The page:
With so many articles about skills shortage in the industry, to find myself in a room of kids and their parents who knew tons about programming, lifted my spirits.

I love programming

I had forgotten how much I loved this stuff. For the second time this year BCS had taught me a programming language and boy am I delighted. Continue reading “How to Attempt a Guinness World Record”

What WikiReverse Teaches Me

Some weeks you talk to your colleagues and watch a documentary and feel unprepared to understand the world. This was one of those weeks. Ross was back in Camden and the last time he was here he had helped me take baby cloud steps while he got started on WikiReverse.

Two and bit years later WikiReverse has been launched and this is what I learnt.

There is this thing. Its called the Common Crawl.

Really – you have crawled the internet again. Again ? Haven’t we been doing this since gopher was mistaken for a red squirrel and everything was still in black and white, or was that black and green ?

Unlike Ross I  wasn’t really that excited, when, back in 2012 Common Crawl, using Nutch, started dumping everything they found on the Internet into Amazon (AWS). Making it accessible for free (yes as in freedom).

But today I am much more interested in the Common Crawl project because…
Continue reading “What WikiReverse Teaches Me”

VPython 3d Programming

A few weeks ago I headed over to Finland and upon arriving in Helsinki was greeted with a pot luck picnic. Somewhere between courses of rogue jaffa cakes and polenta lasagne I met Andrew.

Screen shot 2013-07-21 at 13.36.06

I was forwarned, Andrew was a programmer. A keen fish enthusiast displaced from his home in kentucky USA he had chosen vPython to create himself a fish tank. A few weeks later I invited him to address the various iris digital teams scattered between London and Asia.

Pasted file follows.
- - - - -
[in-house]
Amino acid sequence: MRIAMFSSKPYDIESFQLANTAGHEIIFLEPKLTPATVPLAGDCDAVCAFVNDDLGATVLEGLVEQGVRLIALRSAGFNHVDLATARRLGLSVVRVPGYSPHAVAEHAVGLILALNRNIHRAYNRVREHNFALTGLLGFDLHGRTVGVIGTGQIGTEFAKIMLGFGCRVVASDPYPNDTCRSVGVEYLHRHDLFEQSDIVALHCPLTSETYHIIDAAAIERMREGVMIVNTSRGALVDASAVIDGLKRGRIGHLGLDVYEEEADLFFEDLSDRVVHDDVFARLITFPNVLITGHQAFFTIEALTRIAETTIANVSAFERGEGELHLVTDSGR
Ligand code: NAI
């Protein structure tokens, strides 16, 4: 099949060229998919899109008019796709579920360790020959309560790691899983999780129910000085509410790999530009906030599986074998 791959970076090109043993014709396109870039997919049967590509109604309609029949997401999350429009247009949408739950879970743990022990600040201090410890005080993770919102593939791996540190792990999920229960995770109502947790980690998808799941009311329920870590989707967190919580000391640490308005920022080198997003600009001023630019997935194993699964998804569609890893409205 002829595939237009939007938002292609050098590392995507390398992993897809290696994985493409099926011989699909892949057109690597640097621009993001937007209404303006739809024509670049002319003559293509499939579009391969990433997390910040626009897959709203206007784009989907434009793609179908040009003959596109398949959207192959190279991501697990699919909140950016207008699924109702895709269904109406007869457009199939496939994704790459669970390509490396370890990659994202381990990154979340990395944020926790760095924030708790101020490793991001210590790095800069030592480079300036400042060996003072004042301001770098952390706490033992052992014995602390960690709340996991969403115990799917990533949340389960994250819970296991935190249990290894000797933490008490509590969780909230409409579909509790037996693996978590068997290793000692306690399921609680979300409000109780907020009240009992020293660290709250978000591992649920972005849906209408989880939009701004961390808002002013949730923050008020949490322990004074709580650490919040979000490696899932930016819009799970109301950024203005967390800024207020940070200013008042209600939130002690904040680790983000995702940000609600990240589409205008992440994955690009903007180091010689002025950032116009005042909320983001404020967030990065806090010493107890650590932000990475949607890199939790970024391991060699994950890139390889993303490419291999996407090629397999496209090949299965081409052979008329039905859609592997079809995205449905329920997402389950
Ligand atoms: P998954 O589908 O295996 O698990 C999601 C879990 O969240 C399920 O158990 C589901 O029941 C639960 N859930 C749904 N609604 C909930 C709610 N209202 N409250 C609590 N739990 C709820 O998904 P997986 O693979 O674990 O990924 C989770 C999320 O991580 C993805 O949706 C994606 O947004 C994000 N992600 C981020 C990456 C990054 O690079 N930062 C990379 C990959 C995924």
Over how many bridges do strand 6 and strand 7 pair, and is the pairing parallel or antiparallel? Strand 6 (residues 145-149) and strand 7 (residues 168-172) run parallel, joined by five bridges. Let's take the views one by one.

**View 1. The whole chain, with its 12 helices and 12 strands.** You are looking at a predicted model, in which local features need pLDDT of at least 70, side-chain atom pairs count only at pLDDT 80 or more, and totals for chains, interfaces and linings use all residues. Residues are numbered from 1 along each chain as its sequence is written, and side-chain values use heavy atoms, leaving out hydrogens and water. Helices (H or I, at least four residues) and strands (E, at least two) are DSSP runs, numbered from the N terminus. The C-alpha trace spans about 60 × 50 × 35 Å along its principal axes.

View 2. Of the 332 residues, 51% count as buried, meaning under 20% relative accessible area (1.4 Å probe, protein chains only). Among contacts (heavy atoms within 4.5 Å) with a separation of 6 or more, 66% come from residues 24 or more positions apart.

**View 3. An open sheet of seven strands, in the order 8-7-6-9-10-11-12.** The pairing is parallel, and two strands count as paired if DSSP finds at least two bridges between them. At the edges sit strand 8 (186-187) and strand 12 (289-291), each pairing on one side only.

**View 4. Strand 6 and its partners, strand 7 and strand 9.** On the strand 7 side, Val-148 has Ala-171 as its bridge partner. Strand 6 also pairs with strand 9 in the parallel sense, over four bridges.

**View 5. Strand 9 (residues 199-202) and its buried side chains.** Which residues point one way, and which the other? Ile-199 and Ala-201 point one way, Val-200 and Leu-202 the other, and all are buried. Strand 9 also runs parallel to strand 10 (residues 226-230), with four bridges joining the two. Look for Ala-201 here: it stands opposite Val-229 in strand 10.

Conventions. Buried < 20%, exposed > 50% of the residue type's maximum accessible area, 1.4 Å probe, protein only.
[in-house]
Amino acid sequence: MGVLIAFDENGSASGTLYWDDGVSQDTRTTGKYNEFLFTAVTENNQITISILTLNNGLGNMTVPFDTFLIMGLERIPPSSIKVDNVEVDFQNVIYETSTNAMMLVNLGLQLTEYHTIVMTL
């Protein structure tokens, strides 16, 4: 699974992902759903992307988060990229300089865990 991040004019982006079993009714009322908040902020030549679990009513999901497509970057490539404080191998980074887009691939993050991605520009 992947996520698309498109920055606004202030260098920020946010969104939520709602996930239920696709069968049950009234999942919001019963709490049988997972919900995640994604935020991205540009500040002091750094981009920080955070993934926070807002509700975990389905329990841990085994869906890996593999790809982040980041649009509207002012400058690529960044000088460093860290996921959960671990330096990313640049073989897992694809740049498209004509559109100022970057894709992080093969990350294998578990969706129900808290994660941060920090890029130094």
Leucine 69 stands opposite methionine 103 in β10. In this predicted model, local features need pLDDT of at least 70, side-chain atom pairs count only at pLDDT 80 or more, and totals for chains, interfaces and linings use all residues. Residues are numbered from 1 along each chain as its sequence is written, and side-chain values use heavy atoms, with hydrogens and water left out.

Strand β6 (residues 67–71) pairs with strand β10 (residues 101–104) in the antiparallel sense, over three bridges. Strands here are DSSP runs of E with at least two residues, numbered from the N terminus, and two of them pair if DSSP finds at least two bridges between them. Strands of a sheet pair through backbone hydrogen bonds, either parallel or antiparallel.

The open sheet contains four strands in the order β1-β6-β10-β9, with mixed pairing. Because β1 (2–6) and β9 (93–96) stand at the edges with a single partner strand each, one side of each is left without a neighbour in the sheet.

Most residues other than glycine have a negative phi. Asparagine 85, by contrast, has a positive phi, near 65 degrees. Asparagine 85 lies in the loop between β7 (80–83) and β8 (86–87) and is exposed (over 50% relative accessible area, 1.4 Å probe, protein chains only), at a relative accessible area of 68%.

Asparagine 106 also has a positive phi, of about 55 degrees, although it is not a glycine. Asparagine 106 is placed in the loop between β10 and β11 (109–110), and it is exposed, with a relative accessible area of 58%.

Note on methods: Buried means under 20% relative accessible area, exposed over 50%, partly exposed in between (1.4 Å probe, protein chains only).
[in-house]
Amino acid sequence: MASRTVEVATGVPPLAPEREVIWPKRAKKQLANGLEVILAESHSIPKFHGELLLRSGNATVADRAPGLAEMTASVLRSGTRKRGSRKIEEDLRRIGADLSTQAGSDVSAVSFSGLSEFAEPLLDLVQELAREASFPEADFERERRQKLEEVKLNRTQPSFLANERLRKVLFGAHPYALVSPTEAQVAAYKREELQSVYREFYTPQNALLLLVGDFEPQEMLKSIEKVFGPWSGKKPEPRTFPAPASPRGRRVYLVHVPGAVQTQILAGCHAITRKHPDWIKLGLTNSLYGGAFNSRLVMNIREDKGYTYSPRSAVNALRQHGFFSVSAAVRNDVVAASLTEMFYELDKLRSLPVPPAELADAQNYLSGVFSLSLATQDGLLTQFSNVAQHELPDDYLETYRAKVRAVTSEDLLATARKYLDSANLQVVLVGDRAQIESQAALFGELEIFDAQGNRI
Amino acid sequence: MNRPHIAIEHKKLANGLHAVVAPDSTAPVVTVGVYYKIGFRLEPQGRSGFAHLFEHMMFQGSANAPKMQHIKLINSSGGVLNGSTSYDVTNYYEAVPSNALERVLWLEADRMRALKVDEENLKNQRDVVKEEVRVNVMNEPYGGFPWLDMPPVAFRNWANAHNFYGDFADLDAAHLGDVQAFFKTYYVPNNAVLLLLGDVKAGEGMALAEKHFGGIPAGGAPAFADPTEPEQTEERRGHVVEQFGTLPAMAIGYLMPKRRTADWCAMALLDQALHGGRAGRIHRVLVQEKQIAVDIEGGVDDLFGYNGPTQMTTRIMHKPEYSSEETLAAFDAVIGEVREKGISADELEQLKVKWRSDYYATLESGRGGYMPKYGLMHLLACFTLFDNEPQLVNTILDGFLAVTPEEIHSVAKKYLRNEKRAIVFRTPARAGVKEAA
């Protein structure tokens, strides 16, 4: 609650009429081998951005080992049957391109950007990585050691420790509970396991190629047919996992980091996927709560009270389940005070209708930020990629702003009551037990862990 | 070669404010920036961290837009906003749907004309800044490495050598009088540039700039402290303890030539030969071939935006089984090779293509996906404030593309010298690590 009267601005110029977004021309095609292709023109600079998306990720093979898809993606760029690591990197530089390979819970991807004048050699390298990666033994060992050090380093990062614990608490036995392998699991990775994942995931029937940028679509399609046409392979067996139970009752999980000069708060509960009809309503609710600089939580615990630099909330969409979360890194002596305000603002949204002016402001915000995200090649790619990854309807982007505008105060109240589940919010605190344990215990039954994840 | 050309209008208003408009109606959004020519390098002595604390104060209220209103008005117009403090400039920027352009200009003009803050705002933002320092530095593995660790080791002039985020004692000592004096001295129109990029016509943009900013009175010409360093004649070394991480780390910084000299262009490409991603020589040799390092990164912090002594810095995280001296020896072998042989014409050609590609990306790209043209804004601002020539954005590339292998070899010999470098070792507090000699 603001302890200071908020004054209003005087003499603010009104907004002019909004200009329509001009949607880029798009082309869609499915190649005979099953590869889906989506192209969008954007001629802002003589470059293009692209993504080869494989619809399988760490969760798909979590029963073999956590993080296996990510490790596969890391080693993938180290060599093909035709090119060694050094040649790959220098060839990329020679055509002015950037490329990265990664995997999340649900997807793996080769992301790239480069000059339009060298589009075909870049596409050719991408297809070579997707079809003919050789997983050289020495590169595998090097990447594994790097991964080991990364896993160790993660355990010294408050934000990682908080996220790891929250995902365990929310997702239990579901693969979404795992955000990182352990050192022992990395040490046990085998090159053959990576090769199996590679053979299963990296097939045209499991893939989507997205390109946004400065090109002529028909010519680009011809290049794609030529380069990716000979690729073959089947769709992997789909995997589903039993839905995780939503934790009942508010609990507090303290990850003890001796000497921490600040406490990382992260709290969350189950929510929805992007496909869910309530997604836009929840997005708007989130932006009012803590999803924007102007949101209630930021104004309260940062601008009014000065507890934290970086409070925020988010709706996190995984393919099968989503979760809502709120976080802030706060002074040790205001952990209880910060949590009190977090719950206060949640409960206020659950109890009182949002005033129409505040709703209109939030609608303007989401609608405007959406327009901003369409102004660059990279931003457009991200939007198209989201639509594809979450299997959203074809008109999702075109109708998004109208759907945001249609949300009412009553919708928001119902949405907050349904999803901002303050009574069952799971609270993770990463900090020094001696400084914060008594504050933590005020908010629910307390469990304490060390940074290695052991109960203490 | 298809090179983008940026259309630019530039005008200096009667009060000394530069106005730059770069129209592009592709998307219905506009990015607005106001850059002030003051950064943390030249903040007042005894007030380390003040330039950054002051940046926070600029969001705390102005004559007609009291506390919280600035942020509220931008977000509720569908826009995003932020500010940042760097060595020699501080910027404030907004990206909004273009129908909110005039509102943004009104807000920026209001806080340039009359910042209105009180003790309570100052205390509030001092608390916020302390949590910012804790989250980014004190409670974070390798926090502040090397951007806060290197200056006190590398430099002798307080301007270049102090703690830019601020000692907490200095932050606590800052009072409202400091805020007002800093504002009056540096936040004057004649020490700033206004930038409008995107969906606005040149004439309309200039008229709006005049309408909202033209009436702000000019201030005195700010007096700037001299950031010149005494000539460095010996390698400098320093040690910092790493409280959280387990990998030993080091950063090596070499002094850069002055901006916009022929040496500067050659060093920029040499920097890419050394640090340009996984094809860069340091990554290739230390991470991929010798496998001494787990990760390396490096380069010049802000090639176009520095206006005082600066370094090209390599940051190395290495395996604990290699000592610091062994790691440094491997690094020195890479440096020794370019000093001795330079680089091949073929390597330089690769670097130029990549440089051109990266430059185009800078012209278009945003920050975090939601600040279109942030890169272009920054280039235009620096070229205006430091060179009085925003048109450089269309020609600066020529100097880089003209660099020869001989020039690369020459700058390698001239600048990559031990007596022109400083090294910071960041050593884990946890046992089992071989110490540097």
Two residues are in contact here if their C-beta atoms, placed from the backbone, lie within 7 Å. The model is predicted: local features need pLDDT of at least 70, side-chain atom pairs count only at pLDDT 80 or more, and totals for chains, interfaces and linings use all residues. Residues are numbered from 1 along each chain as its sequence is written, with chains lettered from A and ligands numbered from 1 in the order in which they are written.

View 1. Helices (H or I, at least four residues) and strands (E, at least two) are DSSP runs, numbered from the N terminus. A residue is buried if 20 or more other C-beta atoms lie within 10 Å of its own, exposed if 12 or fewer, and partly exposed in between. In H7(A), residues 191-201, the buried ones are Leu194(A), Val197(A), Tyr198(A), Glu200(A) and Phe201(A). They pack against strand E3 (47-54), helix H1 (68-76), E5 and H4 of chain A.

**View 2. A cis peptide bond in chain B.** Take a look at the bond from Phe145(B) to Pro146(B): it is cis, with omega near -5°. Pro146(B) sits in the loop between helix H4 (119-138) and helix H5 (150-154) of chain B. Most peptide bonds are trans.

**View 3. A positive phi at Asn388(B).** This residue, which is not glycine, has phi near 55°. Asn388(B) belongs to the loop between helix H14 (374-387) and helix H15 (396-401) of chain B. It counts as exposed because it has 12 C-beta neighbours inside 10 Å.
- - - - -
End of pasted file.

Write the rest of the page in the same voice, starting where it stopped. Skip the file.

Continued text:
Andrew spoke about VPython, simple and clean 3d programming. It takes minutes to set up and launch. Actually it took me a while because my machine ran out of battery. However Bouncing Ball the hello world of this language took 15 seconds to launch. The guys in London got it launched while the talk took place.

Screen Shot 2013-07-20 at 8.16.29 PM

Londinium MMXII Hackathon.

As the Olympics opened its crazy schedule of sports Hackathon was taking place at http://centralworking.com near Tottenham Court Road in London.

Just in case you are wondering I couldn’t possibly attend as I was mostly sleeping, working or watching beach volleyball that weekend. In fact I was mostly sleeping, as at that point I had worked five nights straight.

I digress, details on the Hackathon can be found at;

http://blog.new-bamboo.co.uk/2012/07/30/web-makers-gather-for-24-hour-app-making-marathon-for-the-summer-of-sport

And the result web page http://hackathon.new-bamboo.co.uk

I was a bit disappointed that non of my lovely travel data. However I think there are genuinely a couple of great ideas here for future sporting events.

 

Travel, Open Data, London 2012, Wired Magazine

Working with the Olympic Delivery Authority (ODA) it seemed important to ensure that as much road and travel changes due to staging the biggest sporting event in the word made it into the public domain.

For spectators this means a dedicated website with travel information organised by the rail operators a year in advance on the web and mobile.

Road data has been released under an open data structure as part of an agreement that has seen the ODA’s Travel Demand Managment team working closely with Transport for London. Wired Magazine explains more.